Everyday Roman objects

Whether in the first farm on the Loupian estate or in the village of Marinesque, tableware and amphorae reveal the openness of the rural populations to Roman objects and the Roman way of life in the 1st century BCE. The amphorae, which account for a third of the material discovered, are of the Dressel 1 type – long and slender with a triangular rim. Like some other amphorae from the Mediterranean basin, they were used to hold a wine that was appreciated by the Gauls. Imported items, which include tableware and drinking vessels, such as Campanian ware cups, plates and platters, as well as thin-walled drinking vessels, provide evidence Romanised consumption. There was a continuation of Gallic customs in terms of ceramic cookware, non-wheel-turned ceramic containers for food storage and food preparation that favoured boiling.

The coins found reveal the wide range of supply sources used by rural sites – which was amplified in the case of the village that was closely linked with the Via Domitia. Roman coinage, in both bronze and silver, was naturally quite present. Coins from Marseille are prominent: the proximity of the trading post of Agathe (Agde) resulted in a continuous flow of silver obols and especially of small bronze coins. Currencies of southern Gaul included coins issued by Baeterrae (Béziers) as well as by the Volcae Arecomici (Nîmes).

Medias

Interactive document - Dressel 1B amphora from the Madrague de Giens shipwreck (Var)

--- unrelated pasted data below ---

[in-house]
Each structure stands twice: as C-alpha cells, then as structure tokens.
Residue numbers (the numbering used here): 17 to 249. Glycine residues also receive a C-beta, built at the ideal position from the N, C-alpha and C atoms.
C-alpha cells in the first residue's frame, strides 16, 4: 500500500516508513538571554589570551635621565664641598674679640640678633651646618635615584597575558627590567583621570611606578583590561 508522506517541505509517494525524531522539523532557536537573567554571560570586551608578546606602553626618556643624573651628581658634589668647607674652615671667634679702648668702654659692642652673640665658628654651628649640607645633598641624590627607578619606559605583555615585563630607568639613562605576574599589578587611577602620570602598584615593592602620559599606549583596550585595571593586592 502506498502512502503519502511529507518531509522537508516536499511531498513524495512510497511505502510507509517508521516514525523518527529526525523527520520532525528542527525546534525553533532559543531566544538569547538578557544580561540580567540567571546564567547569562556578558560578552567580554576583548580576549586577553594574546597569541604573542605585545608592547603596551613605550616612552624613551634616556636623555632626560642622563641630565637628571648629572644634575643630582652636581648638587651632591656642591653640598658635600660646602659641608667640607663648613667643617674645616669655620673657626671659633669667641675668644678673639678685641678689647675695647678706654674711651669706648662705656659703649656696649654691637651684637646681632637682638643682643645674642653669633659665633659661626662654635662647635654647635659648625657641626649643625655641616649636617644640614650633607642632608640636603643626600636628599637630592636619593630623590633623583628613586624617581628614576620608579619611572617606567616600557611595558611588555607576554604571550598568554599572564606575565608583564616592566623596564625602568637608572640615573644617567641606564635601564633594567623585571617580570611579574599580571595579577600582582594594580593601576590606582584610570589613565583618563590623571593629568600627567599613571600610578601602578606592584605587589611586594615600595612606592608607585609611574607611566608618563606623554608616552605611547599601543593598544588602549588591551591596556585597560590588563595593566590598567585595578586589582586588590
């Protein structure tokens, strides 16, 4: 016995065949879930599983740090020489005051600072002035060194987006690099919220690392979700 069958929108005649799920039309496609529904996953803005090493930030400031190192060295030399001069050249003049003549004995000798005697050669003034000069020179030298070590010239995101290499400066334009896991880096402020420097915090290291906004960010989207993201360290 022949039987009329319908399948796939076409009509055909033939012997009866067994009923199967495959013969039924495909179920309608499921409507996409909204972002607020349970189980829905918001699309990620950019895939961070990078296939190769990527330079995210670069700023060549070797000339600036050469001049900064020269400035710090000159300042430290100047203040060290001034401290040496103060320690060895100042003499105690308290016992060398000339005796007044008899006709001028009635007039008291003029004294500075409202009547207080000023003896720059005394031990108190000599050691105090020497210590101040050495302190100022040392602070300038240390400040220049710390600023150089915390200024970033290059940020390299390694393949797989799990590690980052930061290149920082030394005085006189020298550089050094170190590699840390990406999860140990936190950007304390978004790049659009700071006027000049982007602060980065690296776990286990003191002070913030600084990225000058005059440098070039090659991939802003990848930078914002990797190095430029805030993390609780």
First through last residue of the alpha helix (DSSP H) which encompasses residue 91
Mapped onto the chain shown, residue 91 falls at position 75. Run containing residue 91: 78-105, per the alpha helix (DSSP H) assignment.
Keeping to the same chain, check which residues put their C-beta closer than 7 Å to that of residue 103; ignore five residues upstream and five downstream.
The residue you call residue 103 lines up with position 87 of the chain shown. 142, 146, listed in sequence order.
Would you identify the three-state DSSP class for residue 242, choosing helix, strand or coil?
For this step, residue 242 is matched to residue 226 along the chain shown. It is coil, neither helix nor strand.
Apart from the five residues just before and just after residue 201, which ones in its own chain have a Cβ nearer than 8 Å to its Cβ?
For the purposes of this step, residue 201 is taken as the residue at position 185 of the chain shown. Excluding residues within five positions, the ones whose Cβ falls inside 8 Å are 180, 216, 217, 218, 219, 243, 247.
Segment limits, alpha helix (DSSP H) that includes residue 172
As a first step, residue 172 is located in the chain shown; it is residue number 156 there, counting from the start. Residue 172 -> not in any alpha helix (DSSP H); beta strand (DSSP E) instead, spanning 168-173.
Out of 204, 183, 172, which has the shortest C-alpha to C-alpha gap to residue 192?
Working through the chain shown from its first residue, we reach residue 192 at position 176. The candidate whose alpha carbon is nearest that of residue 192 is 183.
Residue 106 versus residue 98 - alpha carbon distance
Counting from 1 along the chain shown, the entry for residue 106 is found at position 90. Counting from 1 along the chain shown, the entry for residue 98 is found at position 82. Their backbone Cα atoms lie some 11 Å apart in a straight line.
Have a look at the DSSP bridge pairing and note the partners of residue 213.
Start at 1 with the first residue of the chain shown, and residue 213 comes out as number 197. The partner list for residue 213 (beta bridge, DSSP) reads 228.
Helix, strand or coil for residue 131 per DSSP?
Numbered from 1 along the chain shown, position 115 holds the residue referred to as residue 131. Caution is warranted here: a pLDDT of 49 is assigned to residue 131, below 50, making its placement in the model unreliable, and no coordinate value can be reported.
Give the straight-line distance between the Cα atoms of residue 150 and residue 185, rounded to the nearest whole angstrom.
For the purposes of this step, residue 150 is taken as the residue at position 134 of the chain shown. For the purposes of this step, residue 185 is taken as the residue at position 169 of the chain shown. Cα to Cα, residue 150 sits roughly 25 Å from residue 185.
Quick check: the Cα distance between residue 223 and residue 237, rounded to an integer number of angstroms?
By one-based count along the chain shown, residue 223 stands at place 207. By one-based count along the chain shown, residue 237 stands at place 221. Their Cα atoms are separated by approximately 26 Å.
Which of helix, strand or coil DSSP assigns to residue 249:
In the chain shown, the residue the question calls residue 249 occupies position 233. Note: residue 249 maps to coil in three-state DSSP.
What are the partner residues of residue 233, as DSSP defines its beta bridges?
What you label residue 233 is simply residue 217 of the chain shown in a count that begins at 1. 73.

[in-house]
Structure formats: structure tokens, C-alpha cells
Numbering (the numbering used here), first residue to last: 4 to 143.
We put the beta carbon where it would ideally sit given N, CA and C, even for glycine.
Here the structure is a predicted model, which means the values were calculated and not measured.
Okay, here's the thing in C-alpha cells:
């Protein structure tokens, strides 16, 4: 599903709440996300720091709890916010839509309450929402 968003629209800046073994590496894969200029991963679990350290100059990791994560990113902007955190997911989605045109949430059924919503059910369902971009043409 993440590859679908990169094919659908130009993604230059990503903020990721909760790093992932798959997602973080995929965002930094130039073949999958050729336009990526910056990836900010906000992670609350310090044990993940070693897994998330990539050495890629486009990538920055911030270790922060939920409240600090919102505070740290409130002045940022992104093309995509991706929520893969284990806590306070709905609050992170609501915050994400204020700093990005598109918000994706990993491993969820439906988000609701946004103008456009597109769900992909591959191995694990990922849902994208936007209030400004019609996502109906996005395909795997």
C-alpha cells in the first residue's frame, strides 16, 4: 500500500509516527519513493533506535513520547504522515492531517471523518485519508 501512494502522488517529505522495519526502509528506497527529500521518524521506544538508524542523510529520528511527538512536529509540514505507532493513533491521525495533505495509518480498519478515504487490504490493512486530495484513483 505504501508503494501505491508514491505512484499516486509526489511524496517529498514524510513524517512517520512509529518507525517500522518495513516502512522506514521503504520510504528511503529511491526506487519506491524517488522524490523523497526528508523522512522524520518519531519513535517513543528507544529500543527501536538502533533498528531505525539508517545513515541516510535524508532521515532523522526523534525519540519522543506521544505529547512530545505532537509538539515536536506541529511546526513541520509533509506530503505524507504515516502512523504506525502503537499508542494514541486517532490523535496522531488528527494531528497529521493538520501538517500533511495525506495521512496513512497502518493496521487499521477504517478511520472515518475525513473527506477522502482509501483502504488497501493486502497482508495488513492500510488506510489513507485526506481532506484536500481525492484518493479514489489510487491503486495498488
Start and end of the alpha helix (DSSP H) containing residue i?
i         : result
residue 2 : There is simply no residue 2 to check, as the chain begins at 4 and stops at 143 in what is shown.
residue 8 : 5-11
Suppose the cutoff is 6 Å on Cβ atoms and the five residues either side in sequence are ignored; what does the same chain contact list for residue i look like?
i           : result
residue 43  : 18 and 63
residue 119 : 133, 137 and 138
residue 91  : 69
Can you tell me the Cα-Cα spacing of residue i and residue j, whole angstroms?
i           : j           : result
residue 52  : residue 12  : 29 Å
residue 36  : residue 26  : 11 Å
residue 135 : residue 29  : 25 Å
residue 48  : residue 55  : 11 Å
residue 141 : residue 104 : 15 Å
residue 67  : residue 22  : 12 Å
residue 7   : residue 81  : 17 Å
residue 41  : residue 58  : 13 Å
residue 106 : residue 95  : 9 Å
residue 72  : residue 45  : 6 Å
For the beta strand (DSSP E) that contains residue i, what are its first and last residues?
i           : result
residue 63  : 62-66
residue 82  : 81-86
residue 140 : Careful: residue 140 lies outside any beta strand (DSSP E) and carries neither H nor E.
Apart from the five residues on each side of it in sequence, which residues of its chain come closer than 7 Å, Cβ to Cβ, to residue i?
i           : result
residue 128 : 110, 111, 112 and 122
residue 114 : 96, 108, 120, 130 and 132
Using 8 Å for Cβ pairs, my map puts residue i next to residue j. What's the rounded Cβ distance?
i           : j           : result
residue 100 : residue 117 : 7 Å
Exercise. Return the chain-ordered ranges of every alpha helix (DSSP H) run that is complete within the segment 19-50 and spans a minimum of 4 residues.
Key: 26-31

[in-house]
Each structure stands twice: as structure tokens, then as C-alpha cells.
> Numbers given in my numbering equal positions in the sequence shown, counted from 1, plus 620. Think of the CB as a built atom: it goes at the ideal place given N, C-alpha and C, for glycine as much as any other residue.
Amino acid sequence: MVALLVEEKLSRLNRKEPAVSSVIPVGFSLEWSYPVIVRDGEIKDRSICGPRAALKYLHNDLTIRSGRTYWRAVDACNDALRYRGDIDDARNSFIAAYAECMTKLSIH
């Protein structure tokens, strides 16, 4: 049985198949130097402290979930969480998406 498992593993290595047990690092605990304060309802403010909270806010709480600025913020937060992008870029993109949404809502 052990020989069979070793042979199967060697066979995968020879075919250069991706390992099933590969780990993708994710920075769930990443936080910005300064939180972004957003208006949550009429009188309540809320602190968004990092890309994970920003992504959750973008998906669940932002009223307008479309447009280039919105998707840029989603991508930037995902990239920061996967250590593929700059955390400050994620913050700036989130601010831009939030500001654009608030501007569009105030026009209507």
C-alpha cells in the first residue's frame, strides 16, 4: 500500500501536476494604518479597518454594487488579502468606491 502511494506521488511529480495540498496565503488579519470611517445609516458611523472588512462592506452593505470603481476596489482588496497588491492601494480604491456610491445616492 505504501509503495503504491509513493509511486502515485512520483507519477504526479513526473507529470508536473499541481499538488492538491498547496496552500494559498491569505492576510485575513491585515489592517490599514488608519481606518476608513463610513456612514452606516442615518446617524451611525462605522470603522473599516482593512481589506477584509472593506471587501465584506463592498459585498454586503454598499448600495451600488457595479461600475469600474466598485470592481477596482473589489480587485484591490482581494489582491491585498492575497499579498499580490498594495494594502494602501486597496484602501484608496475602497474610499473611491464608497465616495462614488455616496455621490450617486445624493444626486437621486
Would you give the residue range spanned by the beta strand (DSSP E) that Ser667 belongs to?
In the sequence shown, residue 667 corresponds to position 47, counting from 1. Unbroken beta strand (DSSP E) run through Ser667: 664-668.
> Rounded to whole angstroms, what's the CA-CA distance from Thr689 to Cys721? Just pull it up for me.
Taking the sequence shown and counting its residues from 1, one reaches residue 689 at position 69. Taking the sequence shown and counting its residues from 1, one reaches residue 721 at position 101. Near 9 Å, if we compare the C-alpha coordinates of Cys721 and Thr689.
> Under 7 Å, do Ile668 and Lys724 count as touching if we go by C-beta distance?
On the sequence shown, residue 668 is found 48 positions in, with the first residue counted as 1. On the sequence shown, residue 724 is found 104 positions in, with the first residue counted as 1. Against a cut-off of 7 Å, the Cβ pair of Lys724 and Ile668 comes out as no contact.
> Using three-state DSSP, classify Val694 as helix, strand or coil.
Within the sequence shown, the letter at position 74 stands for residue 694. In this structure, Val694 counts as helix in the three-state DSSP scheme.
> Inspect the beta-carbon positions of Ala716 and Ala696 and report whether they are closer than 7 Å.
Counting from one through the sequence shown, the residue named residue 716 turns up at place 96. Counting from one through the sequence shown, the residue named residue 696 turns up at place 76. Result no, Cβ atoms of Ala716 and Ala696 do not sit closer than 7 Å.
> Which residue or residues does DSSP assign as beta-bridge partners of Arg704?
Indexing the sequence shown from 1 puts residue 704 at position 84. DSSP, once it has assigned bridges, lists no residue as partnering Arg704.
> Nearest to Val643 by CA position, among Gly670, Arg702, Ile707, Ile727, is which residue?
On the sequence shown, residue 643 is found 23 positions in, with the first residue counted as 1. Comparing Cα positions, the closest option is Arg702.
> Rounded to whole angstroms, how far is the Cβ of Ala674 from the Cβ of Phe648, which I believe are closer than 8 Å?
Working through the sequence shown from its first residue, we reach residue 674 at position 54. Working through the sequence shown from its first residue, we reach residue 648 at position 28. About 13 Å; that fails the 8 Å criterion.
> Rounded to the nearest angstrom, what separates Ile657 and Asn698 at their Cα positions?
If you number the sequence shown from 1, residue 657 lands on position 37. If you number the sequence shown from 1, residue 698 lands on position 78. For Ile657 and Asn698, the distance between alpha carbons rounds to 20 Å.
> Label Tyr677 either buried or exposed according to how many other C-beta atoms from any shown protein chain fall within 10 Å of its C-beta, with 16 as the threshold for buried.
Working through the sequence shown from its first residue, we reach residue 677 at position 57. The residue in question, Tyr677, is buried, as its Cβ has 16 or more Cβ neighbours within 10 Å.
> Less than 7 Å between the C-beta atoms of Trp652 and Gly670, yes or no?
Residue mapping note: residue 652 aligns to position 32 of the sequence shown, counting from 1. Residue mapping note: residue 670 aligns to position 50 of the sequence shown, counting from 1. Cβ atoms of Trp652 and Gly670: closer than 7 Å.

Dressel 1B amphora from the Madrague de Giens shipwreck (Var)

These wine amphorae were manufactured on Italy's Tyrrhenian coast, and are abundantly present in Loupian, as they are in most rural sites in southern Gaul from the 1st century BCE.
© André Tchernia, excavation director, photo: Stéphane Cavillon, MCC-DRASSM
Interactive document - Campanian ware plates, bowls and cups

Campanian ware plates, bowls and cups

The tableware, for both serving and dining, mostly consisted of thin-walled black slipware from southern Italy.
© Michel Py, CNRS - UMR 5140
Interactive document - Olpe made from limestone clay

Olpe made from limestone clay

This type of recipient, which was locally produced in the 1st century BCE, was used for serving beverages, wine for the most part.
Michel Py, CNRS - UMR 5140
Interactive document - Non-wheel-thrown ceramic pot

Non-wheel-thrown ceramic pot

This moulded indigenous container was used for preparing and cooking food, but also for storing and preserving it.
© Michel Py, CNRS - UMR 5140
Interactive document - Coins from a waystation along the Via Domitia

Coins from a waystation along the Via Domitia

Coins provide important evidence of trade. Silver drachmas from Marseille, Gallic coins in both bronze (potins with a demon's head) and silver (coins with a cross).
© Iouri Bermond, MCC-DRAC Languedoc-Roussillon